There being so many Mathambos, exactly which one Sdojah wa Jahmun is singing about is unclear.
In Fetlha Mathambo he delivers more than a mouthful about that person and from the tone of voice it all seems to be quite disparaging.
‘Tone of voice’ might seem a rather unusual way of discerning meaning but if, as the writer, you lack fluency in this year’s version of Tsotsitaal, that is what you have to settle for. On the whole, Mathambo is characterised as something of a killjoy.
In the next track, Sdojah lightens up on Mathambo to observe the first commandment of today’s music: Thou shalt praise thyself by referring to thyself every once so often.
Years ago one very influential cultural figure in the black America mainstreamed “If you don’t know, you better aks sumbody” into popular culture. Sdojah appropriates and vernacularises this line in “U came late.” He once more sticks to the disparaging and this time the object of his ire is someone who came late, hence the title.
How best can one make the remark look who’s singing in a subtle way? Here goes: from the writer’s real life experience with the artist and with regard to this particular point, this is a classic case of a kettle calling a pot black. On that basis, you totally agree with Sdojah (real name Leapetswe Jeremiah) when he says that he feels he needs a manager to take his career forward. Moving on, Sdojah enlisted the background vocal support of music buddies Oxygen and One Labantu to deliver his message about keeping time.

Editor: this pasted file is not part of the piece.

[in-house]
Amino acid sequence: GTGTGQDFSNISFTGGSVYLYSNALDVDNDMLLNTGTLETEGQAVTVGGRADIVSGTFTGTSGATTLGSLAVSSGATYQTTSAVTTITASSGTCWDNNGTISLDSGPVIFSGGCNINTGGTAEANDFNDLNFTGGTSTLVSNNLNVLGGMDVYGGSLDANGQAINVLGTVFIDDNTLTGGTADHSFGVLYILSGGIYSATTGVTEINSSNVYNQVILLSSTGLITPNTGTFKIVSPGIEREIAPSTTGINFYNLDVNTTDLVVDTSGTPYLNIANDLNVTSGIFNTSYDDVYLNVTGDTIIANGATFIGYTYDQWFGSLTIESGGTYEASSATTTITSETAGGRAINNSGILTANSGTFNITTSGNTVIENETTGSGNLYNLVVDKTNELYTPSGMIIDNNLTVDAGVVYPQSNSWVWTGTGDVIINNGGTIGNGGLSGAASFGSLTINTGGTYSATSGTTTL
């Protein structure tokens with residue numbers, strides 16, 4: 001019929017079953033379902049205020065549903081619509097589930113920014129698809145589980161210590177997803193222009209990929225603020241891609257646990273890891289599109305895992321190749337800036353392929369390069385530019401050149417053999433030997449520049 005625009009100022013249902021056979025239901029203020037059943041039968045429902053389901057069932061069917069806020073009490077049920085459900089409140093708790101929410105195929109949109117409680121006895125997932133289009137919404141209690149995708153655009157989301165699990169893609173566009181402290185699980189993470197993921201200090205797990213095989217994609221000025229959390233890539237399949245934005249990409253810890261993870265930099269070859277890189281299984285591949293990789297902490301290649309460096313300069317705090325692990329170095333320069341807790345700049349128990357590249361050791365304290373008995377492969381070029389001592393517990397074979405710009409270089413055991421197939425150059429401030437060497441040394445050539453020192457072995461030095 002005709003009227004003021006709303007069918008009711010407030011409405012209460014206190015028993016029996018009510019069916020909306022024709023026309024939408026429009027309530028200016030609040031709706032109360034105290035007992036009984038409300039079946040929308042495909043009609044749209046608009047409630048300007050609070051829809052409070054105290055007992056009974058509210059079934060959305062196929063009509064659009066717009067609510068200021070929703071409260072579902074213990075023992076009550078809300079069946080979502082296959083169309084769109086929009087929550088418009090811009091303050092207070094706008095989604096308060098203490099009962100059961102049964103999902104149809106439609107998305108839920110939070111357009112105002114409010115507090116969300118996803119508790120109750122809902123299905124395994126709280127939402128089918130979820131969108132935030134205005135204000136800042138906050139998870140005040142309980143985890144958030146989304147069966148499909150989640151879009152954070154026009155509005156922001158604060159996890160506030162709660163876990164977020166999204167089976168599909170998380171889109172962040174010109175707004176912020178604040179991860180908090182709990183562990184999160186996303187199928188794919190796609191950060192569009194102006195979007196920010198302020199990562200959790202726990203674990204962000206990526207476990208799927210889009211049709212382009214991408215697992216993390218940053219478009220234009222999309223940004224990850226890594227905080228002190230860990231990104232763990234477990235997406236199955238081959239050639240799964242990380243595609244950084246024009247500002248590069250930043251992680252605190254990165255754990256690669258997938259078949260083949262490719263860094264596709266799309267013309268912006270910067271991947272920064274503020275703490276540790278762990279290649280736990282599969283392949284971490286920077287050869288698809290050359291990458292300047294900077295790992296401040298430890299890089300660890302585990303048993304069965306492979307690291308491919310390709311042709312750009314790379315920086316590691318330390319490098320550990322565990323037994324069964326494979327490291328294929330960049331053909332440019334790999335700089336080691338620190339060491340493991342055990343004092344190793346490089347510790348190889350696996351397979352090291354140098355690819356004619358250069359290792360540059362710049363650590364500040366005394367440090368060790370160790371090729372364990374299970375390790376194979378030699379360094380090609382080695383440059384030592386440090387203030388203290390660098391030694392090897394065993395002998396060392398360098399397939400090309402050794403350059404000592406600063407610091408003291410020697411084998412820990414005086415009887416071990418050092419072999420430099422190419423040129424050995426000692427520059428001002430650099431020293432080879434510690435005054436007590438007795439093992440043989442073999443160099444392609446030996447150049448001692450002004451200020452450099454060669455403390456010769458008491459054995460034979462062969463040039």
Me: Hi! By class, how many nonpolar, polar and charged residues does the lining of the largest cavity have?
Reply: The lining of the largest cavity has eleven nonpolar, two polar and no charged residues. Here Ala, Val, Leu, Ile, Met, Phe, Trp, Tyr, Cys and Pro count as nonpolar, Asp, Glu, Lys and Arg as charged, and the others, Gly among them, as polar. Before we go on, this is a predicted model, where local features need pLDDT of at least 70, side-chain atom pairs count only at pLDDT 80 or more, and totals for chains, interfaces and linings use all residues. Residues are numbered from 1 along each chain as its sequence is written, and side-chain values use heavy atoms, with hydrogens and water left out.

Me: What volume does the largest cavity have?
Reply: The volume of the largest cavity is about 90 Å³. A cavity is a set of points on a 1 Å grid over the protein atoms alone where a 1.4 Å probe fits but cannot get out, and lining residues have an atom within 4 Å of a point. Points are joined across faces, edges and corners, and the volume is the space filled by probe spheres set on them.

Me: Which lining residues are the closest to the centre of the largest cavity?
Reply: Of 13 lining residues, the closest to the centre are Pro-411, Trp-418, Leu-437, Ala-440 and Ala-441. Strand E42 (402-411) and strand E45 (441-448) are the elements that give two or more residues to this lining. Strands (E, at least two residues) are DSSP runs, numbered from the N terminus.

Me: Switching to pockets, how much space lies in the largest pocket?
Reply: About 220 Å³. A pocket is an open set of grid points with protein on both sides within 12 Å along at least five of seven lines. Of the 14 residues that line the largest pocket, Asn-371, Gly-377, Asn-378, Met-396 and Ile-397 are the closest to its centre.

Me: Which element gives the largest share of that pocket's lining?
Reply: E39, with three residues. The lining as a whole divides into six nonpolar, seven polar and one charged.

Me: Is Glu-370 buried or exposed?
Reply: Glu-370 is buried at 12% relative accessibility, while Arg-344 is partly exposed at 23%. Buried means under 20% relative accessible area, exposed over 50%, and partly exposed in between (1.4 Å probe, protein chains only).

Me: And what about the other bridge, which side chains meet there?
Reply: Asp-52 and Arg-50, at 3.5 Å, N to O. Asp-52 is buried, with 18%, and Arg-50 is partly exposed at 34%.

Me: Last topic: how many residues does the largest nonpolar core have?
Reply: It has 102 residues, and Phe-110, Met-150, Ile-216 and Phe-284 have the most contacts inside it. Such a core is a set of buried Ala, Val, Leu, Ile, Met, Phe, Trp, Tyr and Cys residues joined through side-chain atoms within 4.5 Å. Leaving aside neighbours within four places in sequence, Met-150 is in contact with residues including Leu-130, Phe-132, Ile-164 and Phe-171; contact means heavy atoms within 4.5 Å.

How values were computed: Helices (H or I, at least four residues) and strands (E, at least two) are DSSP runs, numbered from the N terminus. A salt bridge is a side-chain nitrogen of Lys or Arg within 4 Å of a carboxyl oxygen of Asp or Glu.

In “Strawberry”, which is perhaps the best track on “Kwaito Fassion”, Sdojah adds to the vocal styling of his debut album with the voices of Blaster and Ras Biki. This was a good decision because Sdojah himself does not seem to be at a point where he is actively exploring and expanding his vocal range. The subject matter is a ‘strawberry’ of his who has a Blackberry and just in case the poetry needs beefing up, Blaster steps up to the microphone and delivers back-up verses in Shekgalagari. Ras Biki rounds out this collaboration in the (non)language of ragga. What Sdojah held back in this track he lets loose in “Picnic”, the very last offering on the six-track album. While in the former he expresses lustful desire to fondle Ms. Strawberry’s breasts and strike her with “two or three” thunderbolts from his drooling tongue, the latter track is double-entendre-laden in a manner that leaves very little to the imagination.
To his first credit, Sdojah limited the number of tracks to what he can presently offer artistically.
Whatever the next project is, there would be need to sample more beats because “Kwaito Fassion” offers little in that regard.
To his second credit, this 23-year old Mmathethe-born lad is smart enough to realise that making it in the music industry is a hit-or-miss affair. Thus, in 2010, he enrolled at the Gaborone Technical College for a 16-month Certificate in Hairdressing course and now has a rent-paying day job at an upmarket hair salon in Phakalane.
To his third credit, he is an all-the-way patriot. On the sleeve of the album he has the most appropriate message for especially this month and the next (“Big up Zebras … Wish you the best at AFCON”), sports a Zebras T-shirt on the front cover of the sleeve of the album and has set the national anthem as the ringtone of his cellphone.